1970. The state of Hawaii was the last to apply for a federal permit in
    1996 to grow hemp on 1/4 acre. The DEA granted the permit in 1999 which
    has now expired terminating that experiment.

    In the 17th and
    18th Century, by law, American farmers had to grow hemp which was legal
    tender and could be used to pay one’s taxes. George Washington was a
    hemp farmer. Benjamin Franklin processed hemp. The Declaration of
    Independence, most of our books and paper currency were printed on hemp
    paper (much more Earth-conscious than pulp wood paper and longer

    Jean-Pierre Ruiz – President & CEO

    EcoStar Health, Inc.

  • Beatrice Kuyumgian-Rankin

    Good for you Jean-Pierre. Australian farmers have been growing hemp for a number of years under licence with the Department of Primary Industries but our government makes it illegal for hemp foods to be sold as human food, Although the Food Standards Authority has tested, researched and approve it for human consumption, an ignorant group of Ministers FOFR have the final say. They have been delaying their decision since 2009!!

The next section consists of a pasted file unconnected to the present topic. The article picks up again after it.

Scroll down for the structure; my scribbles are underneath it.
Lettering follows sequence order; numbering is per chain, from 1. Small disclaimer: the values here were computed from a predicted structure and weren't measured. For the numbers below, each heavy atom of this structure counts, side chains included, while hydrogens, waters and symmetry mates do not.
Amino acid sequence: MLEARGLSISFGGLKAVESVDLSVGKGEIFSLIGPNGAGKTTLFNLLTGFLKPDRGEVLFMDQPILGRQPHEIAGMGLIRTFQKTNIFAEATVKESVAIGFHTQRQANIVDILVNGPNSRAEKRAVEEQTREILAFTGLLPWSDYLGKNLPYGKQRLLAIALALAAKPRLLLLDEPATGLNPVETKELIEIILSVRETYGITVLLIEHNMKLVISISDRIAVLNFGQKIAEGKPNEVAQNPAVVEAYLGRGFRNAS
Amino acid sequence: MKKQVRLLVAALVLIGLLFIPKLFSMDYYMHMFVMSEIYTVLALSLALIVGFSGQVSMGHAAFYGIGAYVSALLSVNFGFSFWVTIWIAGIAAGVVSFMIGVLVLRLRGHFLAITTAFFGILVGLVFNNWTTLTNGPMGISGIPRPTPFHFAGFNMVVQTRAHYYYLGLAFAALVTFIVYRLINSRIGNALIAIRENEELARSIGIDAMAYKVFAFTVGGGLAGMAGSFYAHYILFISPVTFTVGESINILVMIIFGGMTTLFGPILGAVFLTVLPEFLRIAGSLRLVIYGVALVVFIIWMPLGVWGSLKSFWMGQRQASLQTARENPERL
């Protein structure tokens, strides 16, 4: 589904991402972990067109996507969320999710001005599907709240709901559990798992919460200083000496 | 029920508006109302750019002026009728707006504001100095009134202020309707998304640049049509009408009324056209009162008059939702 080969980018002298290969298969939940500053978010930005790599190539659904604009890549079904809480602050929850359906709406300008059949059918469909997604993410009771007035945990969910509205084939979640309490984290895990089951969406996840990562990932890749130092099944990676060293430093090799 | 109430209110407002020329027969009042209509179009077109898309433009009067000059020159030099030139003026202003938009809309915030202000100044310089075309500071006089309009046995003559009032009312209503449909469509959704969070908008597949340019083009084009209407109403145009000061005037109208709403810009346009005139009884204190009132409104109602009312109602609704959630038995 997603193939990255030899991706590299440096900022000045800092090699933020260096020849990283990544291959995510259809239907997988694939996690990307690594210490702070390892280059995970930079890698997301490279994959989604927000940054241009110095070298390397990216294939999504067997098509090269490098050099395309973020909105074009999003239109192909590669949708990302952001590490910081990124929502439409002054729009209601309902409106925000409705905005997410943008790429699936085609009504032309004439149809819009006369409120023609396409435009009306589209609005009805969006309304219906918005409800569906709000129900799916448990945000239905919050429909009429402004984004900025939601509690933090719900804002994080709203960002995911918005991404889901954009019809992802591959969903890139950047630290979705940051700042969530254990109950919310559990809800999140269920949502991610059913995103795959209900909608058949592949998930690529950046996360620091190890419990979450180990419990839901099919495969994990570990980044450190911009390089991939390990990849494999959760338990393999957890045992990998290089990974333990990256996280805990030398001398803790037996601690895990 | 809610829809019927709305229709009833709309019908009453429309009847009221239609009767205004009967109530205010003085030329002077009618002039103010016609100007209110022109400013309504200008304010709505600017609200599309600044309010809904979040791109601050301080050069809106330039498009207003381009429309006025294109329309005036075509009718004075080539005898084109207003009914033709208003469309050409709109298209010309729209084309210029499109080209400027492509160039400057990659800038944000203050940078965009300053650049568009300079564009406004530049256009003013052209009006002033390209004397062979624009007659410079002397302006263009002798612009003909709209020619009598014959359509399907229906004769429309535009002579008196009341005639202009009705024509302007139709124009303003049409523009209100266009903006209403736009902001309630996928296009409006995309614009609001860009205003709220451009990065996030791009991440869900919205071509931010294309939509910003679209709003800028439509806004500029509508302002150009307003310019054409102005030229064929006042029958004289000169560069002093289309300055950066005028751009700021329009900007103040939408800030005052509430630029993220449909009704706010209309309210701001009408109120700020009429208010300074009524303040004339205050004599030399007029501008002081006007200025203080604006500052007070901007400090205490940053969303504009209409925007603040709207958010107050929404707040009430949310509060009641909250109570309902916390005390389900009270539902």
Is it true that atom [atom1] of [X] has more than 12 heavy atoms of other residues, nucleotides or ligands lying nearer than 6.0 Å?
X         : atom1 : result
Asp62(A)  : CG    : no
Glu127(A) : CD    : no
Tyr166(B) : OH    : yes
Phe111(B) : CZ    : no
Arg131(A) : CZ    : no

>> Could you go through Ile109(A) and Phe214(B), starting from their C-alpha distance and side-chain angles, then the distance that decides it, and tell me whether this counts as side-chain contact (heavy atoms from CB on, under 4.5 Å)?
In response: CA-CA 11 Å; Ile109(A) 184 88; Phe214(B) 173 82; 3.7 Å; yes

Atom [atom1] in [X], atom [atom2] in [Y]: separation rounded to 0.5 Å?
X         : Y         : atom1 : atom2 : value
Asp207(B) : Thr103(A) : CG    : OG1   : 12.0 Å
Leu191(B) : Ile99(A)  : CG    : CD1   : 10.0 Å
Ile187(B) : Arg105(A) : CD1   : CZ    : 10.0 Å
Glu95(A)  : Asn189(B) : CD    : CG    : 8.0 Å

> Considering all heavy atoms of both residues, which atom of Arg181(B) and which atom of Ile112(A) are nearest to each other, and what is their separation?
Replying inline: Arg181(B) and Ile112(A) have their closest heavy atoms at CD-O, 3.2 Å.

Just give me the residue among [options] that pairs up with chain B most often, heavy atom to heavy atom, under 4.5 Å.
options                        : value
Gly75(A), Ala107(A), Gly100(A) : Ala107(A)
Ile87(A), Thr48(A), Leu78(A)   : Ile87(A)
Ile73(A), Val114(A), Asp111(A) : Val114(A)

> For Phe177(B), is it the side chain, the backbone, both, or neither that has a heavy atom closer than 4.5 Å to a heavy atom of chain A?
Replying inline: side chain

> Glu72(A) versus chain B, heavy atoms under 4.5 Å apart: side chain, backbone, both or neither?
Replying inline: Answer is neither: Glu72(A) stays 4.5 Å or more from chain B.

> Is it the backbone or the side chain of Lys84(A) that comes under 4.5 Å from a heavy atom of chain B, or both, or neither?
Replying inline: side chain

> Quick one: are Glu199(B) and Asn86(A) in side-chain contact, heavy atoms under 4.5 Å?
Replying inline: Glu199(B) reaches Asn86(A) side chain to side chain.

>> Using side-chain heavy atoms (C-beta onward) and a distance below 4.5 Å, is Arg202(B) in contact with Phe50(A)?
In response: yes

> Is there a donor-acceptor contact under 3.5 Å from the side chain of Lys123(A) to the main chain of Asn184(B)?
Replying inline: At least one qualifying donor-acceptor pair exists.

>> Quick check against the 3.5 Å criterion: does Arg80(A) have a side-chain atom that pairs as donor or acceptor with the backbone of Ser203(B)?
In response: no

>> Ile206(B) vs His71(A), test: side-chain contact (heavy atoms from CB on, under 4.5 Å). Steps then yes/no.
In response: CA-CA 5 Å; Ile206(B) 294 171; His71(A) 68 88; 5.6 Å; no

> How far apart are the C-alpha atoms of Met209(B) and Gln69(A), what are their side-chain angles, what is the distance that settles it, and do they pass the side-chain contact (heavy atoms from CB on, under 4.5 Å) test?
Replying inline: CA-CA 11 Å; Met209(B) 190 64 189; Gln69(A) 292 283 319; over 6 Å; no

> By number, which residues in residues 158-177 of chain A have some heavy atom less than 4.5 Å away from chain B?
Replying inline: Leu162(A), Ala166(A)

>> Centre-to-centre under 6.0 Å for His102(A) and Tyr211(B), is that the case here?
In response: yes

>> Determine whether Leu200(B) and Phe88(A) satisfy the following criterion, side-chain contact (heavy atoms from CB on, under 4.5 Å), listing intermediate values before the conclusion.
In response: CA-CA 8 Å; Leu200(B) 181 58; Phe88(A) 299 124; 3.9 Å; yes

We really feel non-THC industrial hemp could be a solution to many ecological, and economical problems we’re all facing in the world. Hemp can provide all our basic human needs for future self-sustainability.

  • ABbaby

    Yeah, best of luck, dude and dudess!